Rebasing your work onto the NMU
           % git rebase dgit/dgit/sid

       If the NMUer added new commits modifying the upstream source, you will probably want to
       debrebase before your next upload to tidy those up.

       For example, the NMUer might have used git-revert(1) to unapply one of your patches.  A
       debrebase can be used to strip both the patch and the reversion from the delta queue.

   Manually applying the debdiff
       If you cannot rebase because you have already pushed to salsa.debian.org, say, you can
       manually apply the NMU debdiff, commit and debrebase.  The next dgit push will require
       --overwrite.

HINTS AND TIPS

   Minimising pseudomerges
       Above we noted that each time you conclude a debrebase, you introduce a pseudomerge into
       your git history, which may make it harder to read.

       A simple convention you can use to minimise the number of pseudomerges is to git debrebase
       conclude only right before you upload or push to salsa.debian.org.

       It is possible, though much less convenient, to reduce the number of pseudomerges yet
       further.  We debrebase only (i) when importing a new release, and (ii) right before
       uploading.  Instead of editing the existing delta queue, you append fixup commits (and
       reversions of commits) that alter the upstream source to the required state.  You can push
       and pull to and from salsa.debian.org during this.  Just before uploading, you debrebase,
       once, to tidy everything up.

   The debian/patches directory
       In this workflow, debian/patches is purely an output of git-debrebase(1).  You should not
       make changes there.  They will either cause trouble, or be ignored and overwritten by
       git-debrebase(1).

       debian/patches will often be out-of-date because git-debrebase(1) will only regenerate it
       when it needs to.  So you should not rely on the information in that directory.  When
       preparing patches to forward upstream, you should use git-format-patch(1) on git commits,
       rather than sending files from debian/patches.

   Upstream branches
       In this workflow, we specify upstream tags rather than any branches.

       Except when (i) upstream releases only tarballs, (ii) we require DFSG filtering, or (iii)
       you also happen to be involved in upstream development, we do not maintain any local
       branch corresponding to upstream, except temporary branches used to prepare patches for
       forwarding, and the like.

       The idea here is that from Debian's point of view, upstream releases are immutable points
       in history.  We want to make sure that we are basing our Debian package on a properly
       identified upstream version, rather than some arbitrary commit on some branch.  Tags are
       more useful for this.

       Upstream's branches remain available as the git remote tracking branches for your upstream
       remote, e.g. remotes/upstream/master.

   The first ever dgit push
       If this is the first ever dgit push of the package, consider passing
       --deliberately-not-fast-forward instead of --overwrite.  This avoids introducing a new
       origin commit into your git history.  (This origin commit would represent the most recent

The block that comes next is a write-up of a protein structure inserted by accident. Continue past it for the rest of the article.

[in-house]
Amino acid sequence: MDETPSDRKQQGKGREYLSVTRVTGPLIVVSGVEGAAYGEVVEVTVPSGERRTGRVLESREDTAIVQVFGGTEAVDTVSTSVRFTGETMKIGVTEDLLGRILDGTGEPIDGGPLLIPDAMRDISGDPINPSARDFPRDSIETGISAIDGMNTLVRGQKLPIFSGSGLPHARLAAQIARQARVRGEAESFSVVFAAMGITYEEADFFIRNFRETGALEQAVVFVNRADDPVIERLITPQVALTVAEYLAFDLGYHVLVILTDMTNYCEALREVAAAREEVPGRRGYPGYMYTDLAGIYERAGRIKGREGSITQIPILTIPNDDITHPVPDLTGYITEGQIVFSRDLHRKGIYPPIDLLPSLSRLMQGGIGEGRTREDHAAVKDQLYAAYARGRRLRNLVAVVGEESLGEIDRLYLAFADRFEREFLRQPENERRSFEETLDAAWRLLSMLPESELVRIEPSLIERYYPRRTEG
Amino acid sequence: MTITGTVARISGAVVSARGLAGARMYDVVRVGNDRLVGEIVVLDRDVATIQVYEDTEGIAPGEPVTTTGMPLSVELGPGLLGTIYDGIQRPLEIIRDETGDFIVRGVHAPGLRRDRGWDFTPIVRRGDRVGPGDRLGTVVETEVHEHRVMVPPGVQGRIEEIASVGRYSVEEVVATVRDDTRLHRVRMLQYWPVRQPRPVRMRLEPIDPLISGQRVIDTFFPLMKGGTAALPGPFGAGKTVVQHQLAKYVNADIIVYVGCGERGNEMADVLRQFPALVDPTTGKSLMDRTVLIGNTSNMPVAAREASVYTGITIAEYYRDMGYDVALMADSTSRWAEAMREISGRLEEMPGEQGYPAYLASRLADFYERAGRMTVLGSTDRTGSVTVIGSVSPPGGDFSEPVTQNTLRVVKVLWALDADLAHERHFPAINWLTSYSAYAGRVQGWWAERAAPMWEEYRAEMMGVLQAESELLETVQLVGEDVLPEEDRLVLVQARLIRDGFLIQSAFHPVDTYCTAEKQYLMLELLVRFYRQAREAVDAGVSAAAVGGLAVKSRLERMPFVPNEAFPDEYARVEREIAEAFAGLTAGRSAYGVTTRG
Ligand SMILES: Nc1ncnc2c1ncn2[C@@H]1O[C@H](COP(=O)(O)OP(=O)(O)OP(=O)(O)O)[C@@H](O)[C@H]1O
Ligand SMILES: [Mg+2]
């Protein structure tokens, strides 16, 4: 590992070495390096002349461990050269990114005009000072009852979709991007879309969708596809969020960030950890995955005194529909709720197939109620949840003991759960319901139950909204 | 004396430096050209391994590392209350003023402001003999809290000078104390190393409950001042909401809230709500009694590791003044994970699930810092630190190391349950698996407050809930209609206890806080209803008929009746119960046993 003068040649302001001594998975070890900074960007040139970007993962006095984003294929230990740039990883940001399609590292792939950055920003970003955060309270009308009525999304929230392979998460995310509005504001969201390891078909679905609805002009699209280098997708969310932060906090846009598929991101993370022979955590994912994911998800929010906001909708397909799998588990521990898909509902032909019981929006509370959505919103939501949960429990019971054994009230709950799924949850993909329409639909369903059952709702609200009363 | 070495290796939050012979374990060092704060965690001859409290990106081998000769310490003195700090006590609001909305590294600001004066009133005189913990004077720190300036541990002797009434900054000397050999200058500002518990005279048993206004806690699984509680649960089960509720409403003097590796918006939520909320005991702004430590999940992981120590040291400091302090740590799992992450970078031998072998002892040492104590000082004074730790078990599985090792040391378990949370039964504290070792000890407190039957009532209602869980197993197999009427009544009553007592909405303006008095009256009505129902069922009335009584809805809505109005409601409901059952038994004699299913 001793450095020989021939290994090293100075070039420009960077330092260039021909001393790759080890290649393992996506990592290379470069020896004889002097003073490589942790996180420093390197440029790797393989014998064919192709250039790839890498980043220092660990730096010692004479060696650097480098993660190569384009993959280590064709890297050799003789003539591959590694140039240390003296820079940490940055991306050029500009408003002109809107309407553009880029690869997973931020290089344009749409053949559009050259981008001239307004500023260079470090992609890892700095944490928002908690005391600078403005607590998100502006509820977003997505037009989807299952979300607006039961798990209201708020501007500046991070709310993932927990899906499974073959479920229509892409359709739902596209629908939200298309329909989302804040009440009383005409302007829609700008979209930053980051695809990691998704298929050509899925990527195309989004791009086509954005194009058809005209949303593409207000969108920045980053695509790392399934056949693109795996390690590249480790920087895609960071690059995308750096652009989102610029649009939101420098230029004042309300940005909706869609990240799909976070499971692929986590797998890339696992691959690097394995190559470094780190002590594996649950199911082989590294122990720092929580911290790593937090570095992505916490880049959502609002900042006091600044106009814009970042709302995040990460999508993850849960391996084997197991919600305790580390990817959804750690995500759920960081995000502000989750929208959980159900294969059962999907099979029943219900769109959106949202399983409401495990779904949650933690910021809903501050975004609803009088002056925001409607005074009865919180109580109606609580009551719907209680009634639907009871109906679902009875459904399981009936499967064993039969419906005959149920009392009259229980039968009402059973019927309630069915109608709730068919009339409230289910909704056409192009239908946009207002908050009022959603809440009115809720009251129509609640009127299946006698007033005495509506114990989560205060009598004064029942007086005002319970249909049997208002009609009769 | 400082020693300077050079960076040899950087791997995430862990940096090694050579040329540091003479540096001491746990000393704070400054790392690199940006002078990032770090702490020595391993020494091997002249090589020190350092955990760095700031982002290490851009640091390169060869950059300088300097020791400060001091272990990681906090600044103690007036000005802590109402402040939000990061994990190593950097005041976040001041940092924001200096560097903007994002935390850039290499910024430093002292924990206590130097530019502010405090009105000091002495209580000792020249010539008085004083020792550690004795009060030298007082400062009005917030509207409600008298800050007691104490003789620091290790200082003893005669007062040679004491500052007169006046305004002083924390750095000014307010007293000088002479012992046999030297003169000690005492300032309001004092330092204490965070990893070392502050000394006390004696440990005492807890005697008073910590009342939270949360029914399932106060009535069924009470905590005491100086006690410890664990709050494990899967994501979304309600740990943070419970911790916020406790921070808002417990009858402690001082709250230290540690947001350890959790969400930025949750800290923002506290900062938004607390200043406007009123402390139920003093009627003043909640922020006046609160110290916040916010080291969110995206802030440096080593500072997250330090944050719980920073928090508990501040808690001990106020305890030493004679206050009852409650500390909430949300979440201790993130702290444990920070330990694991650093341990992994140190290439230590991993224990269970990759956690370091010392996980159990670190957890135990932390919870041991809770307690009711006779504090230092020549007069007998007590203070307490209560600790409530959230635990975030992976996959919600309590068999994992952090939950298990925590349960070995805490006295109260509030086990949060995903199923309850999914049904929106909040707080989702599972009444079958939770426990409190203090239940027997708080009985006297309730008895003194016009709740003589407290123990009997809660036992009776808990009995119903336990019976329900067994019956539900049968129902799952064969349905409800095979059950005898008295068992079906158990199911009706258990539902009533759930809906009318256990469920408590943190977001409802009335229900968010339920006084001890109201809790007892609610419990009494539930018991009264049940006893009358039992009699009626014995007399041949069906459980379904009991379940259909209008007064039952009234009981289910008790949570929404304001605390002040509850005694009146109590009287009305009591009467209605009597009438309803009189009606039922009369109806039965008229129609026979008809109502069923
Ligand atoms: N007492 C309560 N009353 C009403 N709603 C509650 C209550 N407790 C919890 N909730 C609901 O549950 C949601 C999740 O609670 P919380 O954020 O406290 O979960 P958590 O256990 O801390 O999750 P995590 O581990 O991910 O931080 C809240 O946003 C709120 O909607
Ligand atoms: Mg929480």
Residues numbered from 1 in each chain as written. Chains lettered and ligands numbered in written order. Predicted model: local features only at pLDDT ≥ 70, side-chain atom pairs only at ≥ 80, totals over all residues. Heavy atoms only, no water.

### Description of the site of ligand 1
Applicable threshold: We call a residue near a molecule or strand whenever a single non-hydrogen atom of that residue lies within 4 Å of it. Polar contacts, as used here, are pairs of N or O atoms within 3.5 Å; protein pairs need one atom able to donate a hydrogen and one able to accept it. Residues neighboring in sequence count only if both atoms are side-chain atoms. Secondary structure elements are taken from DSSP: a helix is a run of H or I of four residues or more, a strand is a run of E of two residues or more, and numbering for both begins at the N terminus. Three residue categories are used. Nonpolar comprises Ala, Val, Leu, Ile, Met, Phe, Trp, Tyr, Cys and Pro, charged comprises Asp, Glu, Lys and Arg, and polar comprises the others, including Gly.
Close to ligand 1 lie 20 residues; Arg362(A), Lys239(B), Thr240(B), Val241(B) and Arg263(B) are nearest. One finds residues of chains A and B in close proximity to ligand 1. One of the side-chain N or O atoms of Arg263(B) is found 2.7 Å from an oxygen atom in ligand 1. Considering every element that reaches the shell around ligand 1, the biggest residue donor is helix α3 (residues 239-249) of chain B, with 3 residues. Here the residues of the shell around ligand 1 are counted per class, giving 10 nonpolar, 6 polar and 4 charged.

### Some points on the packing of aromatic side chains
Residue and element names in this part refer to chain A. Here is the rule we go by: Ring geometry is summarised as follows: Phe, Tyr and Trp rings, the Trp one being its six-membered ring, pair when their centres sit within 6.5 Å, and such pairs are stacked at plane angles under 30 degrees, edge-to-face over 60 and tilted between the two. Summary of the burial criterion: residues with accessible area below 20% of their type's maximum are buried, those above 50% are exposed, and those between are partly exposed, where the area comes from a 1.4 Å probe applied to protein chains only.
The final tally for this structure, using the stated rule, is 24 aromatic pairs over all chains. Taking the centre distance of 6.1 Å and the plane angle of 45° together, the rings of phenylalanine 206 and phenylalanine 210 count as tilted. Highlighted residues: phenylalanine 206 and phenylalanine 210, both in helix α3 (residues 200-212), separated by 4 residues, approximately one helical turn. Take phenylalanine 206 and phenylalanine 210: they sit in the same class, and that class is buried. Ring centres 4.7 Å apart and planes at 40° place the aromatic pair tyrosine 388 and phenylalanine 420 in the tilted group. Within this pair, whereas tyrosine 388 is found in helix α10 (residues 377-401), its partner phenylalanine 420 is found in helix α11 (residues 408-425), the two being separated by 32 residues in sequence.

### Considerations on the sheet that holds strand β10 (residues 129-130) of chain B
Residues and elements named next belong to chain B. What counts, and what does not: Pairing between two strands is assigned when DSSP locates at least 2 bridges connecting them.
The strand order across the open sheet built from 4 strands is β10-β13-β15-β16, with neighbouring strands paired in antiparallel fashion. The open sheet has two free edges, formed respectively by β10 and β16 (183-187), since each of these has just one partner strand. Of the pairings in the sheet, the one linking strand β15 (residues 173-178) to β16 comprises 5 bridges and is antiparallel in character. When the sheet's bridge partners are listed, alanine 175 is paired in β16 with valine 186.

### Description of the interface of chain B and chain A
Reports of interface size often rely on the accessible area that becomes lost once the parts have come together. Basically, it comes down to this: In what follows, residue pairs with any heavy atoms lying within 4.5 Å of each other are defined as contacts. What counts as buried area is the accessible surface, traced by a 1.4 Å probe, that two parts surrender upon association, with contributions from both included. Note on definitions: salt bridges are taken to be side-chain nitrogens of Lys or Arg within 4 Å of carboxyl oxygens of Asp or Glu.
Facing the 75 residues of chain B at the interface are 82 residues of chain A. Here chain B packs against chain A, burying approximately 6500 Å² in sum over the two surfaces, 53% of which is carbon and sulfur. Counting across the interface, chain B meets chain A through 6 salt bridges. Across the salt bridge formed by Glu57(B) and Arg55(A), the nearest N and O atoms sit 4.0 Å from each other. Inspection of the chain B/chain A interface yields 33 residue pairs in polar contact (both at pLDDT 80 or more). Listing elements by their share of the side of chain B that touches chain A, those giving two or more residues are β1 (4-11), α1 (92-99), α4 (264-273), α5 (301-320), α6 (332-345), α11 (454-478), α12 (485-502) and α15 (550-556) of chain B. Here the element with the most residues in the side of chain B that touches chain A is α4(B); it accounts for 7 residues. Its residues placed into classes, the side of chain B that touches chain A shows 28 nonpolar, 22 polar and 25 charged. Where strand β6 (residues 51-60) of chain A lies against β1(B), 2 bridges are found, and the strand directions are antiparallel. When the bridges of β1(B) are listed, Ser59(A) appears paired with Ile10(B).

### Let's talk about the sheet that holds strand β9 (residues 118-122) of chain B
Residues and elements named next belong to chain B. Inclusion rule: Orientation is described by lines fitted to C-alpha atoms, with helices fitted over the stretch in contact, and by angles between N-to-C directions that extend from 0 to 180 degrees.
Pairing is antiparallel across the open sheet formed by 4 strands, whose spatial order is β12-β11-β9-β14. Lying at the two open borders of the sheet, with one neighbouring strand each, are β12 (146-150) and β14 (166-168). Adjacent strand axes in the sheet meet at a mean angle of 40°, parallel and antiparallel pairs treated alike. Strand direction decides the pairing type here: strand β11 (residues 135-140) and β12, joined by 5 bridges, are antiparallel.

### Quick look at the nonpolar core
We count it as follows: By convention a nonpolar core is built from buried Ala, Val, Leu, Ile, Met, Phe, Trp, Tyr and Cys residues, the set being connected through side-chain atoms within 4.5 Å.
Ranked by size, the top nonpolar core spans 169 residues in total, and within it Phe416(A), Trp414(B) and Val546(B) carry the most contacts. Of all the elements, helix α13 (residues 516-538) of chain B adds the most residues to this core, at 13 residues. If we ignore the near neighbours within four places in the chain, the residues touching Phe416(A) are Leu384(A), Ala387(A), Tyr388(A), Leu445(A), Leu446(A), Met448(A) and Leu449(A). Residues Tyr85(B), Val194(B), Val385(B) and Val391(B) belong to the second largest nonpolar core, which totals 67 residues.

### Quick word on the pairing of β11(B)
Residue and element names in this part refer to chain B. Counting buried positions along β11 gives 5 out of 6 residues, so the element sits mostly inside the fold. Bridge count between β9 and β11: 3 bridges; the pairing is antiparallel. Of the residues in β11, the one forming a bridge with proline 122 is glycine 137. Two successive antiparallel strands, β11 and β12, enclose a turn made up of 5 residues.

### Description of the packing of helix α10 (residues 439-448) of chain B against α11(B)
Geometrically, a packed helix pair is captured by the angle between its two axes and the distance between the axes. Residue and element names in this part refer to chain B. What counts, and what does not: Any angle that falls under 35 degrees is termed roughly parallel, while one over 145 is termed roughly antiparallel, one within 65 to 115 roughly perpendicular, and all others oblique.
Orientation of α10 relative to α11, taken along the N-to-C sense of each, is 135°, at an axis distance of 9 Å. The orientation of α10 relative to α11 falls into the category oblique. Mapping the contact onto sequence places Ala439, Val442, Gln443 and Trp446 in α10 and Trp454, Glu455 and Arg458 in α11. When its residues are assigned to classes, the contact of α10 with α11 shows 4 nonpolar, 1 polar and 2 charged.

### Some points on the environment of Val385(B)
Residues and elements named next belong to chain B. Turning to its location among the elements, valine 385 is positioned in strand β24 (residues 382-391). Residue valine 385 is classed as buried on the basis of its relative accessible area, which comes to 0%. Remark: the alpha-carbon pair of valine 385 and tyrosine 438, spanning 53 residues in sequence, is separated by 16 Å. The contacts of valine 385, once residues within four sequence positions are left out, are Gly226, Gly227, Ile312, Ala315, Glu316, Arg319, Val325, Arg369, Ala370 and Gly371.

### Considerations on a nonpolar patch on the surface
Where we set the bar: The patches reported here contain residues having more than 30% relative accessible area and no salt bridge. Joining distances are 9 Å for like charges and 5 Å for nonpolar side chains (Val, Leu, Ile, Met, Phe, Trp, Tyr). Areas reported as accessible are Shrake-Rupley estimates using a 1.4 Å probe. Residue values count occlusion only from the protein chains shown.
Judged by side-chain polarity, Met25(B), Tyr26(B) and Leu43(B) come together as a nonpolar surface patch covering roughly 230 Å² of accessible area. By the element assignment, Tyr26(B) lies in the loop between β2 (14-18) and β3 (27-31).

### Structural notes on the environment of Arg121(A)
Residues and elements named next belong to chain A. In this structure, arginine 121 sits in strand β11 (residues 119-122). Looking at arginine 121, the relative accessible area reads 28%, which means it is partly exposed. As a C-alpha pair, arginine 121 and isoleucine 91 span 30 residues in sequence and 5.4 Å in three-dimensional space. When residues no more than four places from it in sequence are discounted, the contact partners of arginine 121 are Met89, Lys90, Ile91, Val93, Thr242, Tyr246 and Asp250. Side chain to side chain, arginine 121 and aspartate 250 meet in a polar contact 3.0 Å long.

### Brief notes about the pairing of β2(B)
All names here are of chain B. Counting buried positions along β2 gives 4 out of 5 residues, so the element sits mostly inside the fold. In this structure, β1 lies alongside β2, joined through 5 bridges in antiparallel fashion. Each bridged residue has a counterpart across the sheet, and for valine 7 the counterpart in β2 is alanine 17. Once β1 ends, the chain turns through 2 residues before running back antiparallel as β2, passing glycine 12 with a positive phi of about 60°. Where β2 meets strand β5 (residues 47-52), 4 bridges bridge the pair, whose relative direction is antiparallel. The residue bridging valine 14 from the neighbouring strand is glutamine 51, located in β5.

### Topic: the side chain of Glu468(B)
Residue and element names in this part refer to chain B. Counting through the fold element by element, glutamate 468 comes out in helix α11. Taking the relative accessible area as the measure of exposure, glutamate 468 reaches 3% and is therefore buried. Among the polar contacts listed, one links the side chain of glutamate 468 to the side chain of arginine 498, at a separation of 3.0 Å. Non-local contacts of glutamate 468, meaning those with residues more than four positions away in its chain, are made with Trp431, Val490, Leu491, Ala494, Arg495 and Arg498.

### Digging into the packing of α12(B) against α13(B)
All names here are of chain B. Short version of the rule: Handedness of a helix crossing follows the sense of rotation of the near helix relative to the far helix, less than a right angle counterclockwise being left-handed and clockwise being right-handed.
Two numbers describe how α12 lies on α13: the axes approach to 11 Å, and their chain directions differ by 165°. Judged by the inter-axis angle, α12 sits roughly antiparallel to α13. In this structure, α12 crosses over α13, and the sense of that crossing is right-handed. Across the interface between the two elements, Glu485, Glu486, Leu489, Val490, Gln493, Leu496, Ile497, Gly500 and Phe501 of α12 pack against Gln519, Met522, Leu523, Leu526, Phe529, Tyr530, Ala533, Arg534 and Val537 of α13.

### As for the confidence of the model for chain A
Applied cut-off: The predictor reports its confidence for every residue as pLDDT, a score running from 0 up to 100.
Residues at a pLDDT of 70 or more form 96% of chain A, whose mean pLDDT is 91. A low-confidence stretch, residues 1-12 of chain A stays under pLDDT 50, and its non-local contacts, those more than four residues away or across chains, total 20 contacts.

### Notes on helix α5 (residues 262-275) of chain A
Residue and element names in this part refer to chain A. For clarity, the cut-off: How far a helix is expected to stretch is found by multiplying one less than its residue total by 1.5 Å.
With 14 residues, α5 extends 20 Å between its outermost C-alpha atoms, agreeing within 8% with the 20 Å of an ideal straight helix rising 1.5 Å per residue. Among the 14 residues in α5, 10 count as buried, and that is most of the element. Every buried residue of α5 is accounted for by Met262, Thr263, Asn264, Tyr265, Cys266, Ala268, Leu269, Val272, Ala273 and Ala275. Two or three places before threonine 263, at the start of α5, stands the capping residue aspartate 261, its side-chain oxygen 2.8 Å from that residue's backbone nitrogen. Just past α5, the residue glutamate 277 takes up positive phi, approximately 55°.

non-dgit upload of the package, but this should already be represented in your git
       history.)

   Inspecting the history
       The git history made by git-debrebase can seem complicated.  Here are some suggestions for
       helpful invocations of gitk and git.  They can be adapted for other tools like tig(1),
       git-log(1), magit, etc.

       History of package in Debian, disregarding history from upstream:

           % gitk --first-parent

           In a laundered branch, the delta queue is at the top.

       History of the packaging, excluding the delta queue:

           % gitk :/debian :!/debian/patches

       Just the delta queue (i.e. Debian's changes to upstream):

           % gitk --first-parent -- :/ :!/debian

       Full history including old versions of the delta queue:

           % gitk --date-order

           The "Declare fast forward" commits you see have an older history (usually, an older
           delta queue) as one parent, and a newer history as the other.  --date-order makes gitk
           show the delta queues in the right order.

       Complete diff since the last upload:

           % git diff dgit/dgit/sid..HEAD -- :/ :!/debian/patches

           This includes changes to upstream files.

       Interdiff of delta queue since last upload, if you really want it:

           % git debrebase make-patches
           % git diff dgit/dgit/sid..HEAD -- debian/patches

       And of course there is:

           % git debrebase status

   Alternative ways to start a debrebase
       Above we started an interactive debrebase by invoking git-debrebase(1) like this:

           % git debrebase -i

       It is also possible to perform a non-interactive rebase, like this:

           % git debrebase -- [git-rebase options...]

       A third alternative is to have git-debrebase(1) shuffle all the Debian changes to the end
       of your branch, and then manipulate them yourself using git-rebase(1) directly.  For
       example,

           % git debrebase
           % git rebase -i HEAD~5      # there are 4 Debian patches

       If you take this approach, you should be very careful not to start the rebase too early,
       including before the most recent pseudomerge.  git-rebase without a base argument will
       often start the rebase too early, and should be avoided.  Run git-debrebase instead.  See
       also "ILLEGAL OPERATIONS" in git-debrebase(5).

SEE ALSO

       dgit(1), dgit(7), git-debrebase(1), git-debrebase(5)

AUTHOR

       This tutorial was written and is maintained by Sean Whitton <spwhitton@spwhitton.name>.
       It contains contributions from other dgit contributors too - see the dgit copyright file.